Why Klarisana?
Find the reasons why you should break through mental chaos with us by your side.


A new ketamine treatment paradigm

Lingering mental health conditions have the power of setting people apart from their true identities and leading them into severe symptoms of desperation, exhaustion, and hopelessness. At Klarisana, we walk side by side with our patients through the transformational journey that allows them to reconnect with their sense of self and a more peaceful and balanced perception of the world around them.

Our methodology employs intramuscular (IM) ketamine instead of intravenous (IV) ketamine, which puts patients quickly under the psychedelic influence, allowing them more time to delve into the vibrant soul-searching experience and take the most meaningful insights out of it as possible.

With IM, patients are given an initial shot and a second shot fifteen minutes later; the experience takes off faster and gives the patient more time to explore and fewer side effects to deal with afterward. Throughout the ketamine sessions, patients are closely monitored in order to ensure that all safety protocols have been taken and to maximize the efficacy and safety of the treatment.

Over the years, we have also developed a clinical approach to the treatment that relies not only on the therapeutic properties of ketamine but also on comprehending and connecting with each patient’s story to better guide the profound transformative experience that follows.

Practice based on scientific evidence

We are fully committed to furthering our investigation into the medicinal potential of ketamine to perfect our scientific practices even more and come to a better understanding of the full specter of its effects in tackling mental illness.

As a company, we continue to invest in ketamine research and other psychedelic-related medicines and share those results with our communities as a means to clarify common misconceptions surrounding the efficacy of these substances and the legitimacy of their use for medical purposes.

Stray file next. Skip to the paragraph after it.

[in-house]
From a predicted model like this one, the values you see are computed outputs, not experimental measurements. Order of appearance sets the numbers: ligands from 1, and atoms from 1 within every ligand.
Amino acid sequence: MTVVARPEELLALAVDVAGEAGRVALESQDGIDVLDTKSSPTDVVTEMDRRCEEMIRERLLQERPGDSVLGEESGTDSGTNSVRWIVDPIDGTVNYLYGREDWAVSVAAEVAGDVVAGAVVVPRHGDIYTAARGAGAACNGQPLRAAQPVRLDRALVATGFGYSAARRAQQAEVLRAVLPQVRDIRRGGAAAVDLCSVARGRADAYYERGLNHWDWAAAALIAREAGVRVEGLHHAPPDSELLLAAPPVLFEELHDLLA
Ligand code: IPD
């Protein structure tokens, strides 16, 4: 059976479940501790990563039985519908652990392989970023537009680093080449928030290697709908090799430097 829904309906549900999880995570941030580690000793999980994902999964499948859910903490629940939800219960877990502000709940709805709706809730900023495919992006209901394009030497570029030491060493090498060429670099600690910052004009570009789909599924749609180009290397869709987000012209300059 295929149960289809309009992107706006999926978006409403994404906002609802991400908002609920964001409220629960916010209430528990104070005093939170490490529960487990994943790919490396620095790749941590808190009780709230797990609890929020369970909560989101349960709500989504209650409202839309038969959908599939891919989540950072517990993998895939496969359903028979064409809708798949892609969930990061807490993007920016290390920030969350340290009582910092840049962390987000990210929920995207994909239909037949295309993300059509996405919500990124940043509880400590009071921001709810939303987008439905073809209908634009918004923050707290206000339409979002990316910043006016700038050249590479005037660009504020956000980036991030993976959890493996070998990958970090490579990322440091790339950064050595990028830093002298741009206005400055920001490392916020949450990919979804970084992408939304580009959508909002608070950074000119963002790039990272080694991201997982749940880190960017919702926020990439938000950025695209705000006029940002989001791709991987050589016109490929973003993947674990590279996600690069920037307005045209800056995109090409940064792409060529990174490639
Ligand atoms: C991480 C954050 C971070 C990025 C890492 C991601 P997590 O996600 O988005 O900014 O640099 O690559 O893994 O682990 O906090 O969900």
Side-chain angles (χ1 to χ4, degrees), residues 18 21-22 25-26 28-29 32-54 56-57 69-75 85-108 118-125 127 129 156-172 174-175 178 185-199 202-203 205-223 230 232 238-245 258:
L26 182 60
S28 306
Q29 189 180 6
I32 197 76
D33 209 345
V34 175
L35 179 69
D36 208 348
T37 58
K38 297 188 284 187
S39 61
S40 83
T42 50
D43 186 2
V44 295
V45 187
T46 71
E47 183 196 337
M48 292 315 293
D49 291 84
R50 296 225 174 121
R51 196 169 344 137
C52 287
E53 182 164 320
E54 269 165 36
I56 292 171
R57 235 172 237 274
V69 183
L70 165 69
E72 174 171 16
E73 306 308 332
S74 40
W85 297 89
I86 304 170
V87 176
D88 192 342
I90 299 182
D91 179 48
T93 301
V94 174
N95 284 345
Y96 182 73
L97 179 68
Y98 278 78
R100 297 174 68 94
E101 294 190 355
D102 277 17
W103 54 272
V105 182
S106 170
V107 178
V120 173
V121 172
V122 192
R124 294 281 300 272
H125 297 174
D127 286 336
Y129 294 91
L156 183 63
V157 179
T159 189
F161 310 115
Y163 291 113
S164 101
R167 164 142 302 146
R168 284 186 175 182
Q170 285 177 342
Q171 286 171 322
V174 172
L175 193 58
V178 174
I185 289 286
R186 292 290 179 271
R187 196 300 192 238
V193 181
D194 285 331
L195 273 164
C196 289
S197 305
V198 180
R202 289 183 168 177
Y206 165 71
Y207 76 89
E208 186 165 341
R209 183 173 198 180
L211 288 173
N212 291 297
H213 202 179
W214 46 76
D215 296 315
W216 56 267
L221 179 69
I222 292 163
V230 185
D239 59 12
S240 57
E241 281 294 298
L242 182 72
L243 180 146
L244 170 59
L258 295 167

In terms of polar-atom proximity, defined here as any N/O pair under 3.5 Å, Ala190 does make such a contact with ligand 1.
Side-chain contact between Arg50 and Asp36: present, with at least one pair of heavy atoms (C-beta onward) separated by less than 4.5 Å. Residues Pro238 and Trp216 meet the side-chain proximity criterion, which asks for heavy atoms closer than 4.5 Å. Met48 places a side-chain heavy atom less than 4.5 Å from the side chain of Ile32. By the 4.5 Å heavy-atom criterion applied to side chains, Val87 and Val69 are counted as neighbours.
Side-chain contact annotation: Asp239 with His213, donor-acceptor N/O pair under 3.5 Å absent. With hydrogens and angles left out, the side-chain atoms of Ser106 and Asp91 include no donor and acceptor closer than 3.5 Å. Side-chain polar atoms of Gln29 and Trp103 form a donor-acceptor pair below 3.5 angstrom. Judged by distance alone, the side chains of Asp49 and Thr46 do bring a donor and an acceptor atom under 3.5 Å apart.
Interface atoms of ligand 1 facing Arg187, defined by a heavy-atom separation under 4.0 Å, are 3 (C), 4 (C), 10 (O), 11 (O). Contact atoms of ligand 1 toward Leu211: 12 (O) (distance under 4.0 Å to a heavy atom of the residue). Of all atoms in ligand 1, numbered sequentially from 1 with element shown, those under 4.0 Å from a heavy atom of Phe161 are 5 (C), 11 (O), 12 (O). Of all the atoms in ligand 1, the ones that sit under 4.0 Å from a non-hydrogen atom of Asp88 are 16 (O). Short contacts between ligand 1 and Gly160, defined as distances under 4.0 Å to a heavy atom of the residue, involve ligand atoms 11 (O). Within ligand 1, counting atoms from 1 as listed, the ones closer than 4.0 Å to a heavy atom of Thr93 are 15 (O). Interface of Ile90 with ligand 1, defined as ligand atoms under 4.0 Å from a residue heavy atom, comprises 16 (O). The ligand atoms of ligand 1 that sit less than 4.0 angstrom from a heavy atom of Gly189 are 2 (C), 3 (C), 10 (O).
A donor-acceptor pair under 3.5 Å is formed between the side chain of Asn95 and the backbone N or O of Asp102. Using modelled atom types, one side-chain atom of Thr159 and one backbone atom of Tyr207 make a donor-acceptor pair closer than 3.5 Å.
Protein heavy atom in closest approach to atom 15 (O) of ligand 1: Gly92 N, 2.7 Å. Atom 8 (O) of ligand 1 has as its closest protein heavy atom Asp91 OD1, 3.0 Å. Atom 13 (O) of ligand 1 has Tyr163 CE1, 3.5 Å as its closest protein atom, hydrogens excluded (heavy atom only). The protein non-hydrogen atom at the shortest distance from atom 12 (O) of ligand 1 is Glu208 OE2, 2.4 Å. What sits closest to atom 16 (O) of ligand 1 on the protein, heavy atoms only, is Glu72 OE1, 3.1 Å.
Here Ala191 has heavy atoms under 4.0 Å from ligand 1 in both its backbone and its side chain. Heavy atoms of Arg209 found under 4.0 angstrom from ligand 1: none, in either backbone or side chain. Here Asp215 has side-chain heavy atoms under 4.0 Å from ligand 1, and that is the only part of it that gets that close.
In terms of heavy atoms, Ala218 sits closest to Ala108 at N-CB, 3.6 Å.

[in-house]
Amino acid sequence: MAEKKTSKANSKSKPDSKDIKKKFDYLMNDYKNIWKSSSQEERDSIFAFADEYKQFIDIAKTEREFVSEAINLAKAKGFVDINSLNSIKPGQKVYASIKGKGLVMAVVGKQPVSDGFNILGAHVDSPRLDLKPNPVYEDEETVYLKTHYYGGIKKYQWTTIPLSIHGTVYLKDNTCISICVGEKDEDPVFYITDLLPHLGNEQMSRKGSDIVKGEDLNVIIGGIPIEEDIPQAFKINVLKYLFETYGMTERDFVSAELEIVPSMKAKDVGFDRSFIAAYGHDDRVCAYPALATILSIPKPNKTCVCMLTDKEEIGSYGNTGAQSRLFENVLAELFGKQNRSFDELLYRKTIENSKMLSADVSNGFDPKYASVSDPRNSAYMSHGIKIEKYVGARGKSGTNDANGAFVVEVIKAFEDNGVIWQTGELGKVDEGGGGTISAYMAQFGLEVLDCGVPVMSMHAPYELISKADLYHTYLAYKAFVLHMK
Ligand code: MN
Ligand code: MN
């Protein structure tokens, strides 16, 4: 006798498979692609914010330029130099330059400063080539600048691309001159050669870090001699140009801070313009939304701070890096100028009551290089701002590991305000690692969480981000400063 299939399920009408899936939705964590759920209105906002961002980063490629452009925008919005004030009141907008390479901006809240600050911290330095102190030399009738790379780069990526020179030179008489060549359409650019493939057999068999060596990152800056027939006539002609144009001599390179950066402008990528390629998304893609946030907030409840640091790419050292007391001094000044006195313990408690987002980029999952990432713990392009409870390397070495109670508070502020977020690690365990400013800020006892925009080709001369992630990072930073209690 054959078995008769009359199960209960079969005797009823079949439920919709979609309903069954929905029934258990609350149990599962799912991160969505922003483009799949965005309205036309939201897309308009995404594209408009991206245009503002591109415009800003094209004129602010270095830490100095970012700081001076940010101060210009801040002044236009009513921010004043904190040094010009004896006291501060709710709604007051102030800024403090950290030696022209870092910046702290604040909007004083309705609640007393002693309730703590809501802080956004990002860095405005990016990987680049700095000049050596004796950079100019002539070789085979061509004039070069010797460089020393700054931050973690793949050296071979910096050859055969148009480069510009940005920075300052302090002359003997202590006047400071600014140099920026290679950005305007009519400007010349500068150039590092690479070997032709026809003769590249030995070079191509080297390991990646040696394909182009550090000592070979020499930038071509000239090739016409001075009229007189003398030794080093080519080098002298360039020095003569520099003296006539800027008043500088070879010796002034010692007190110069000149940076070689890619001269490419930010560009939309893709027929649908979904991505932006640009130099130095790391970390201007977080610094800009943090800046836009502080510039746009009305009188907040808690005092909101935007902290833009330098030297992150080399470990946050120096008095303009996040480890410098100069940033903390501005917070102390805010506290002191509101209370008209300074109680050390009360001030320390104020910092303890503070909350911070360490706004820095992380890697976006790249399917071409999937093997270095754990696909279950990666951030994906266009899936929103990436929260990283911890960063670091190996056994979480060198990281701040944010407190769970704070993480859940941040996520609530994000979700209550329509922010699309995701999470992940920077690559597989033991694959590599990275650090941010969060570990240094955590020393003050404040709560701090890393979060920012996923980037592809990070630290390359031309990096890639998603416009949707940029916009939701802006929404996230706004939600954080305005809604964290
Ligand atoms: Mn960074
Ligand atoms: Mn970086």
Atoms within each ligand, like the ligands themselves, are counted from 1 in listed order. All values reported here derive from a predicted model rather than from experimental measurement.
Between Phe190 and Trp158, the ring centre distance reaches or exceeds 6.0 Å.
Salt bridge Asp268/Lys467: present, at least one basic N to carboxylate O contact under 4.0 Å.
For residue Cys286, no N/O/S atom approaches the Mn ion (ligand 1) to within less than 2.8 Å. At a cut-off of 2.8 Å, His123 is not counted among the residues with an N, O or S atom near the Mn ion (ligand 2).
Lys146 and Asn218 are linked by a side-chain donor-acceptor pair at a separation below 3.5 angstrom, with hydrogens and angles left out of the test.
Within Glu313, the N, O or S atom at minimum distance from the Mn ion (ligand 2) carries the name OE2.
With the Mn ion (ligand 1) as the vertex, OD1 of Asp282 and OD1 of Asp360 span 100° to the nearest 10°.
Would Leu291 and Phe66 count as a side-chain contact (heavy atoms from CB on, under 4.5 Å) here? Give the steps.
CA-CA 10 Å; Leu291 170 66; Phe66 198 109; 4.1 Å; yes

Affordable rates and insurance coverage

We firmly believe in ketamine as a mental health treatment medicine with the power to induce a life-changing experience for so many people suffering from treatment-resistant mental conditions and chronic pain, and it has always been an essential part of our philosophy to make it as accessible as possible. As a result, we maintain the best rates for ketamine therapy in our region and accept many major insurance carriers for non-ketamine related services.

A committed and compassionate team

Trust, respect, and empathy are the cornerstones of the relationship our team develops with our patients. These values play a key role in what we do. Our staff understands the complexity of debilitating mental health conditions and own the necessary medical and human qualities to guide and help our patients persevere and break through psychological chaos.

A groundbreaking foundation

Founded in 2015 by Dr. Carl J. Bonnett, a war veteran whose vision of love and compassion gave shape and form to Klarisana, one of the country’s first-ever ketamine clinics.

To this day, Klarisana remains a leading provider of ketamine therapy services in Texas and Colorado, providing the most compassionate and professional approach in the field of mental health services.

Non-ketamine psychotherapy also available

We understand that for some people suffering from mental illness, whether for reasons of religious, cultural, or other nature, making the decision to engage in a treatment that recurs to the use of psychedelic substances is not something they might feel entirely comfortable with.

Nonetheless, the fact that those people need help in dealing with their mental imbalances remains unchanged. For that reason, we assembled a service line dedicated to serving these patients with non-ketamine psychotherapy sessions in order to provide them with the help and support they need to overcome their conditions in a way that feels more soothing to them.

Want to learn more about ketamine therapy?

What will I experience in the ketamine treatment room?

Our rooms are decorated in order to convey sensations of relaxation, tranquility and peacefulness. Patients receive their IM treatments in privacy while under constant observation during the ketamine session. The provider performs an initial evaluation and physical exam and steps out of the room once the IM treatment has started. Most ketamine sessions last about one hour.

Our rooms are equipped with TVs so that patients can watch videos of nature scenes or aquatic scapes. They may also bring in their own DVD or cast to one of our Smart TVs. We strive to minimize distractions and interruptions during the ketamine treatment process in order to make the session a fluid and peaceful experience.

Is Intramuscular Ketamine Therapy safe?

Yes. Ketamine has been used extensively in emergency departments, operating rooms, and military conflicts with a very safe track record. Ketamine causes very little depression in a patient’s respiratory drive, which is why it has been highly reputed as an anesthetic agent in the military and in developing countries.